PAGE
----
2 ivory smugglers captured in international operation, according to the United States

A two-year international undercover operation last week resulted in the arrest of two Congolese men accused of trafficking illegal wildl...


A two-year international undercover operation last week resulted in the arrest of two Congolese men accused of trafficking illegal wildlife into the United States, as well as the seizure worth 3.5 million dollars worth of elephant ivory, rhino horn and pangolin scales in the Democratic Republic of the Congo, according to the justice ministry and court documents.

Starting in the summer of 2020, the two men, Herdade Lokua, 23, and Jospin Mujangi, 31, sent several packages by commercial airmail to Seattle containing 54 pounds of ivory and rhino horn at the cost of more. of $ 30,000, attorneys said Monday in a statement.

Mr. Lokua and Mr. Mujangi, both from Kinshasa, then proposed an ambitious deal to smuggle three tons of wildlife from Africa to Seattle in a shipping container, the statement said. After fleeing to Washington state to negotiate the potential sale, they were captured by law enforcement and arrested on November 3 in Edmonds, Washington.

The joint operation was led by the Office of Homeland Security Investigations in Seattle, the United States Embassy in Kinshasa and the government of the Democratic Republic of the Congo.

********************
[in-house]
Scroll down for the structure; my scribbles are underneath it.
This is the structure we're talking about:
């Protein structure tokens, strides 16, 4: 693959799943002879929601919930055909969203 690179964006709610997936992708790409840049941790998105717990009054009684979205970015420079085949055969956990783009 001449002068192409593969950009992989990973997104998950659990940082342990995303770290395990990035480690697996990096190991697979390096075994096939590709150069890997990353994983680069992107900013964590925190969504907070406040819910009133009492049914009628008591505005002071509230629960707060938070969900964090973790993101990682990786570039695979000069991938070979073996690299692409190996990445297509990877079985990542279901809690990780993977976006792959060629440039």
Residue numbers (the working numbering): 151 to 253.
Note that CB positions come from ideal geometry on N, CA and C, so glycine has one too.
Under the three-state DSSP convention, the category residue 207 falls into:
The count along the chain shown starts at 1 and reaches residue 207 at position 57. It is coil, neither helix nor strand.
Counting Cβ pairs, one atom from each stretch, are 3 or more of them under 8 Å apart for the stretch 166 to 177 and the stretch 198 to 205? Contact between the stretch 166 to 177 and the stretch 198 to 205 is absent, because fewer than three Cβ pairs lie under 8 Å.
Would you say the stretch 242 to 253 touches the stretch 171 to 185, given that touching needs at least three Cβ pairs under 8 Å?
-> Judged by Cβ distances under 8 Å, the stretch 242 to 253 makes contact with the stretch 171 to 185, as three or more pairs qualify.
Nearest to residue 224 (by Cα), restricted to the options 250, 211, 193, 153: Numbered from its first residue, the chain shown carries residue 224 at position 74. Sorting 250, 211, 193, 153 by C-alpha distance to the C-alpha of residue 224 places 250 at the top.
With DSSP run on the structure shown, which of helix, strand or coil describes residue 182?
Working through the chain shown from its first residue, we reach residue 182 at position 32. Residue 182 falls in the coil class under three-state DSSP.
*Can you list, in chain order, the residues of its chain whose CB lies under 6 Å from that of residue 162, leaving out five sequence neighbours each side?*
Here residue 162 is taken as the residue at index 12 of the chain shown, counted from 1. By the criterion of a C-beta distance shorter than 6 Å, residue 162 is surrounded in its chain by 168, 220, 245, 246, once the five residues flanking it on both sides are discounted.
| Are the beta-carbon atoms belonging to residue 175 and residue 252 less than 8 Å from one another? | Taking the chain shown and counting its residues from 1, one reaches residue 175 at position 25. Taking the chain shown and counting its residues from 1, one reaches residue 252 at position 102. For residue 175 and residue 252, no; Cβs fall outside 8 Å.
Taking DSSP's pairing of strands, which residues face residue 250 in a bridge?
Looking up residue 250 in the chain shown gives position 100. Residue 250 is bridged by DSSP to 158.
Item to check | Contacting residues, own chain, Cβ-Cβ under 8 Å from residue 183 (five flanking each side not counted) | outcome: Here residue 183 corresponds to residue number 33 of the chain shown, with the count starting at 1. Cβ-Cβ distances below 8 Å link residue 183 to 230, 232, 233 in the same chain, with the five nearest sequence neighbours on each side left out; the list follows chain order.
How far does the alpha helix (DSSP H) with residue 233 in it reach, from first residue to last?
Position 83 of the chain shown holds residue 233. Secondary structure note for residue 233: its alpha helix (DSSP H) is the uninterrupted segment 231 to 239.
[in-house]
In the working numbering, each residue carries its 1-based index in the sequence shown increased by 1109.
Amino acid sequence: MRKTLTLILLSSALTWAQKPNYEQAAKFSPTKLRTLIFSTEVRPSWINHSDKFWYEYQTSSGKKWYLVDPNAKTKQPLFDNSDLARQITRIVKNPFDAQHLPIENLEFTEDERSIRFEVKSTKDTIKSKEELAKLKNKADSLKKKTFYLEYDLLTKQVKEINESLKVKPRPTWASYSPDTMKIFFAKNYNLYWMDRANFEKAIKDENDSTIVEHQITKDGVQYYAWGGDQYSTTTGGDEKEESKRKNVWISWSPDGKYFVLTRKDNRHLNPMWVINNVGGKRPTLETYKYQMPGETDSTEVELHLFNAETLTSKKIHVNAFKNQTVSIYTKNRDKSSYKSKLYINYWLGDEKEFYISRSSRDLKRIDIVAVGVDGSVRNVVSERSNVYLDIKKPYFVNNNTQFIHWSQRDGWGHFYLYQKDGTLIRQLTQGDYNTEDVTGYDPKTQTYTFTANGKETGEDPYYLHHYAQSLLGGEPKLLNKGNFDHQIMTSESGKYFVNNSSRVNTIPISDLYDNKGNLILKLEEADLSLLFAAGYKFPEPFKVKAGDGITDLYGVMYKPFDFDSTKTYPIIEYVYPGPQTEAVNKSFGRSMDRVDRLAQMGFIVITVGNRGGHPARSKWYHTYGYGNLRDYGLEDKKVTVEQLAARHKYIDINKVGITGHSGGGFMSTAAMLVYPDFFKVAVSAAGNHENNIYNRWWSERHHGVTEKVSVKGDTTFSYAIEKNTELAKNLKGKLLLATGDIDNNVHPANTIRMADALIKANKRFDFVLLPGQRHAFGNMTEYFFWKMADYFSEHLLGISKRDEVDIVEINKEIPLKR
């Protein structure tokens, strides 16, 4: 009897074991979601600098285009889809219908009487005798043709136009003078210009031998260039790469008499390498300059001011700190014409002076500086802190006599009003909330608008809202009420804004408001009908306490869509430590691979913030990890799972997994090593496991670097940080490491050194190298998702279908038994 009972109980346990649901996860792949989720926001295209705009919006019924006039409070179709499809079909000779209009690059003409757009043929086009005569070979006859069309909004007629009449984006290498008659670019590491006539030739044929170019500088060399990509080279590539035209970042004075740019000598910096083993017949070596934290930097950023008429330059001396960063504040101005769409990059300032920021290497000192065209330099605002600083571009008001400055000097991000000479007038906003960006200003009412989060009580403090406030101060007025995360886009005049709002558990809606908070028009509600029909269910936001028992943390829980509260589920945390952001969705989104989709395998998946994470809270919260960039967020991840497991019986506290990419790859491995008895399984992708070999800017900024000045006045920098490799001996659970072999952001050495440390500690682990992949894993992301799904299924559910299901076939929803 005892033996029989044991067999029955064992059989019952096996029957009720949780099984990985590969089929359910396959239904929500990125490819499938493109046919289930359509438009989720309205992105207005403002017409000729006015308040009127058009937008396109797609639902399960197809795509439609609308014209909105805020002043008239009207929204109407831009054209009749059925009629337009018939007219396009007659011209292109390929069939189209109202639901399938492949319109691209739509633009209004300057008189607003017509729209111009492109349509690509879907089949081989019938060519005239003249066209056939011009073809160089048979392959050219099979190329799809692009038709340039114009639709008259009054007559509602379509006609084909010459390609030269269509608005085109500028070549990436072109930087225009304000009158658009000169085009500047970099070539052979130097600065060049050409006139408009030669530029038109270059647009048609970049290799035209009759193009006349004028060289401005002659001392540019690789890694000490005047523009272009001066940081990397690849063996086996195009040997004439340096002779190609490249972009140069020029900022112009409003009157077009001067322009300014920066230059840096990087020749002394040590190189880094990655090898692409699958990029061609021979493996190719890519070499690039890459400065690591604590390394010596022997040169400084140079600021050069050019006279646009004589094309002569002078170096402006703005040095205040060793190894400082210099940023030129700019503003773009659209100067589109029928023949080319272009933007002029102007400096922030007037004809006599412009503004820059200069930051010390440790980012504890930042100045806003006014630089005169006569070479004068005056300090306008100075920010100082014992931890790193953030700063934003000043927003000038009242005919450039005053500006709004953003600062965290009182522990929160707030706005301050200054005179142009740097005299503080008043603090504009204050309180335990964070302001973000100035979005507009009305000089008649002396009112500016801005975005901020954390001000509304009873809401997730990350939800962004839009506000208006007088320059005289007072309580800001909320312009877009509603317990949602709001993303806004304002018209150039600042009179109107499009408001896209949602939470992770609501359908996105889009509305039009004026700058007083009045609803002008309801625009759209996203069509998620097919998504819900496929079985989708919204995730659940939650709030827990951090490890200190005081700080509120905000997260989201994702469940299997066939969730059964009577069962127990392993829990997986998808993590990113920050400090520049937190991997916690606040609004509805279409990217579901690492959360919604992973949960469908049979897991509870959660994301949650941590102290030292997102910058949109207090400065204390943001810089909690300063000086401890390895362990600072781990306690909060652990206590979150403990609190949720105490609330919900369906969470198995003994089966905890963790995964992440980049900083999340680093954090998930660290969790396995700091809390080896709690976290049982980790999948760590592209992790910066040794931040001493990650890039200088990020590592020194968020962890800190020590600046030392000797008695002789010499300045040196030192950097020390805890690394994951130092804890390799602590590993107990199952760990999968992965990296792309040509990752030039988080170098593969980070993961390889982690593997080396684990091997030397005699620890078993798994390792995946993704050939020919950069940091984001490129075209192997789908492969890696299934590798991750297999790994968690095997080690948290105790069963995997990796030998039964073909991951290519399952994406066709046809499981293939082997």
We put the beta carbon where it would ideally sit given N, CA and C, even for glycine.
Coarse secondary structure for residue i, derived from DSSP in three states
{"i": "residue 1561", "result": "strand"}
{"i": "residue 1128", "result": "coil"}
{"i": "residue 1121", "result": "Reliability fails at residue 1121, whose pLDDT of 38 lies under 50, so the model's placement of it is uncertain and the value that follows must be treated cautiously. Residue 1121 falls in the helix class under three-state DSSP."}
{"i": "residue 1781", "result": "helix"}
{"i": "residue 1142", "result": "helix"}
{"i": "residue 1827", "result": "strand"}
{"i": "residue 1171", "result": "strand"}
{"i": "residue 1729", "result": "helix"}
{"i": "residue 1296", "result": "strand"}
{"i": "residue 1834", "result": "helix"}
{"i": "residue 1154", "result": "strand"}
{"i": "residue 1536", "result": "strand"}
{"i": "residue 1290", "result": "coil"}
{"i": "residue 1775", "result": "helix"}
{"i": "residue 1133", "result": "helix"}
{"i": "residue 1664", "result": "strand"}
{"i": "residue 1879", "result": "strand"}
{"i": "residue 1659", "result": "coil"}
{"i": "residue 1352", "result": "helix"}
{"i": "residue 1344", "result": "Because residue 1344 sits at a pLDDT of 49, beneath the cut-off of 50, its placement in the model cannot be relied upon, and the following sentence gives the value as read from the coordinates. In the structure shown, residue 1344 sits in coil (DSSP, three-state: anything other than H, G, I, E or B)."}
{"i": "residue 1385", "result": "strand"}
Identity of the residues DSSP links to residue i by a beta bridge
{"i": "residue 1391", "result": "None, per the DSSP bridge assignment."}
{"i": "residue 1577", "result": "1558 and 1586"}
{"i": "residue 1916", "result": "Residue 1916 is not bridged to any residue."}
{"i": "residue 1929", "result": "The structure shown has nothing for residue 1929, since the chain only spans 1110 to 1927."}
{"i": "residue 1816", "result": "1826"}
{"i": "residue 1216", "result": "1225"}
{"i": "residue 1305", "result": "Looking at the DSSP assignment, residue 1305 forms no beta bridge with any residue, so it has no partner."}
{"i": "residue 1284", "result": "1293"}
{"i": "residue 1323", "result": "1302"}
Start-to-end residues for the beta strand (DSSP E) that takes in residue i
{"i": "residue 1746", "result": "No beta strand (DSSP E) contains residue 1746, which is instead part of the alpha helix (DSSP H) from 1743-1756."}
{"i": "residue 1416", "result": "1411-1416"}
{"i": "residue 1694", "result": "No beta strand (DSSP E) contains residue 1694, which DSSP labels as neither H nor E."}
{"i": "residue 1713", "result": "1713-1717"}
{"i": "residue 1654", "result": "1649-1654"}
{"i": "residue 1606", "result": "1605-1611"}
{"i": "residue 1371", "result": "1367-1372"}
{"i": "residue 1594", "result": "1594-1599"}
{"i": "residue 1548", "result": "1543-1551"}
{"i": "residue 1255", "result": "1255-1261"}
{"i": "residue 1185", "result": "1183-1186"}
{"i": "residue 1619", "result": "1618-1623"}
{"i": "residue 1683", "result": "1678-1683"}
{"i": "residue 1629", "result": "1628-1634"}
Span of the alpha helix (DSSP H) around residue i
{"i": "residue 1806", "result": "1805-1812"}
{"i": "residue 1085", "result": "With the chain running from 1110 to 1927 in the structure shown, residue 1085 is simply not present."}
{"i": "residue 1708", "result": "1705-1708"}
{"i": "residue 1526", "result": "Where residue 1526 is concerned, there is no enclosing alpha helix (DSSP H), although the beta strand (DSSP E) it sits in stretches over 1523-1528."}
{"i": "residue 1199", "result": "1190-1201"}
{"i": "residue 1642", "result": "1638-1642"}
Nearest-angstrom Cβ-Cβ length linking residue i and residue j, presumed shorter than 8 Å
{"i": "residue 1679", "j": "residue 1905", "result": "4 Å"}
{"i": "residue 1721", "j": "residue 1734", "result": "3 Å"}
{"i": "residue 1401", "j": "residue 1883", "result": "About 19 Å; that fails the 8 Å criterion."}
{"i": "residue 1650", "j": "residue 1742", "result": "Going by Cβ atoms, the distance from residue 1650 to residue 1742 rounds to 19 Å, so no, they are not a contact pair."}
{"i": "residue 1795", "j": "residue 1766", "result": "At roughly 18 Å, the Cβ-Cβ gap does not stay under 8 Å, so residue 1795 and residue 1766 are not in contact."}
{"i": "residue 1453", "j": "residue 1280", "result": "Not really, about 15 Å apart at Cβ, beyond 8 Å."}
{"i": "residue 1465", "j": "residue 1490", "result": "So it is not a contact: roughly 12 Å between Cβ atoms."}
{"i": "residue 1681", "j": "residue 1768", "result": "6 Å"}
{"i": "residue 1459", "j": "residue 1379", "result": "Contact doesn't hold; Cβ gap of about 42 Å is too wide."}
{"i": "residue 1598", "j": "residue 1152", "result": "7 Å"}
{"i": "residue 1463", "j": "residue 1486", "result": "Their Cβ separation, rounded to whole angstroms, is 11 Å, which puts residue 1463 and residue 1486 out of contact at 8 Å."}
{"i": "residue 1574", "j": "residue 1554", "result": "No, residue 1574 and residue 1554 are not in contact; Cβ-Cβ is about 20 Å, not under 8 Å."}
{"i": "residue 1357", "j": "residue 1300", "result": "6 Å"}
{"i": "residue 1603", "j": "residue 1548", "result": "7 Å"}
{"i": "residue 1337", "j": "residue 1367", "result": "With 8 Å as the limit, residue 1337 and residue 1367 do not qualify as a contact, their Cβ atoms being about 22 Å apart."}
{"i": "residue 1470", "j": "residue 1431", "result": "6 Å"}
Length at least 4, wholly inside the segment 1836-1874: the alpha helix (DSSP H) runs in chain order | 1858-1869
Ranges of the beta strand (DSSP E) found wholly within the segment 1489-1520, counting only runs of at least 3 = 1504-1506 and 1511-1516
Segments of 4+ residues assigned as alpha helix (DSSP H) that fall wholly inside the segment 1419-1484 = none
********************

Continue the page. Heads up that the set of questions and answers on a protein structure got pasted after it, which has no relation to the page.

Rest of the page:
“These criminal organizations don’t care about life, only profit,” said Robert Hammer, a special agent overseeing Department of Homeland Security investigations in the Pacific Northwest. “Unfortunately, when we are dealing with a species that has a finite amount, you can only make it so ‘rare’ before it goes extinct.”

African elephants, pangolins and white rhinos are internationally protected species threatened by poaching and habitat loss. Elephants, in particular, are among the most endangered animals in the world. Although there are only around 400,000 elephants in Africa today, experts estimate that millions of elephants roamed the continent a century ago.

To peddle their illegal wares, Mr. Lokua and Mr. Mujangi used encrypted messaging apps like WhatsApp and Telegram to communicate with an anonymous middleman who helped coordinate shipments and payments between defendants and law enforcement. American infiltrators, according to court documents.

They discussed creative ways to ensure the safe passage of contraband, such as spray painting ivory to resemble rare ebony wood, concealing tusks in carved wooden masks, and bribing. local Congolese officials, according to the indictment. To escape detection, the men demanded payments in installments sent to various accounts, including one at a Chinese bank.

After their arrest, they were indicted by a federal grand jury with money laundering, conspiracy, smuggling and violating national wildlife trafficking regulations. The federal trial is expected to begin in January. They face up to 25 years in prison.

The two men were captured with the help of DNA sampling from previously seized ivory booty, which experts at the University of Washington used to identify the region where the poached elephants came from, and then link the seizures to specific criminal organizations. According to Sam Wasser, co-executive director of the university’s Center for Environmental Forensic Science, tusks seized from an elephant but smuggled separately can be connected and then linked to the crime syndicate that exports them.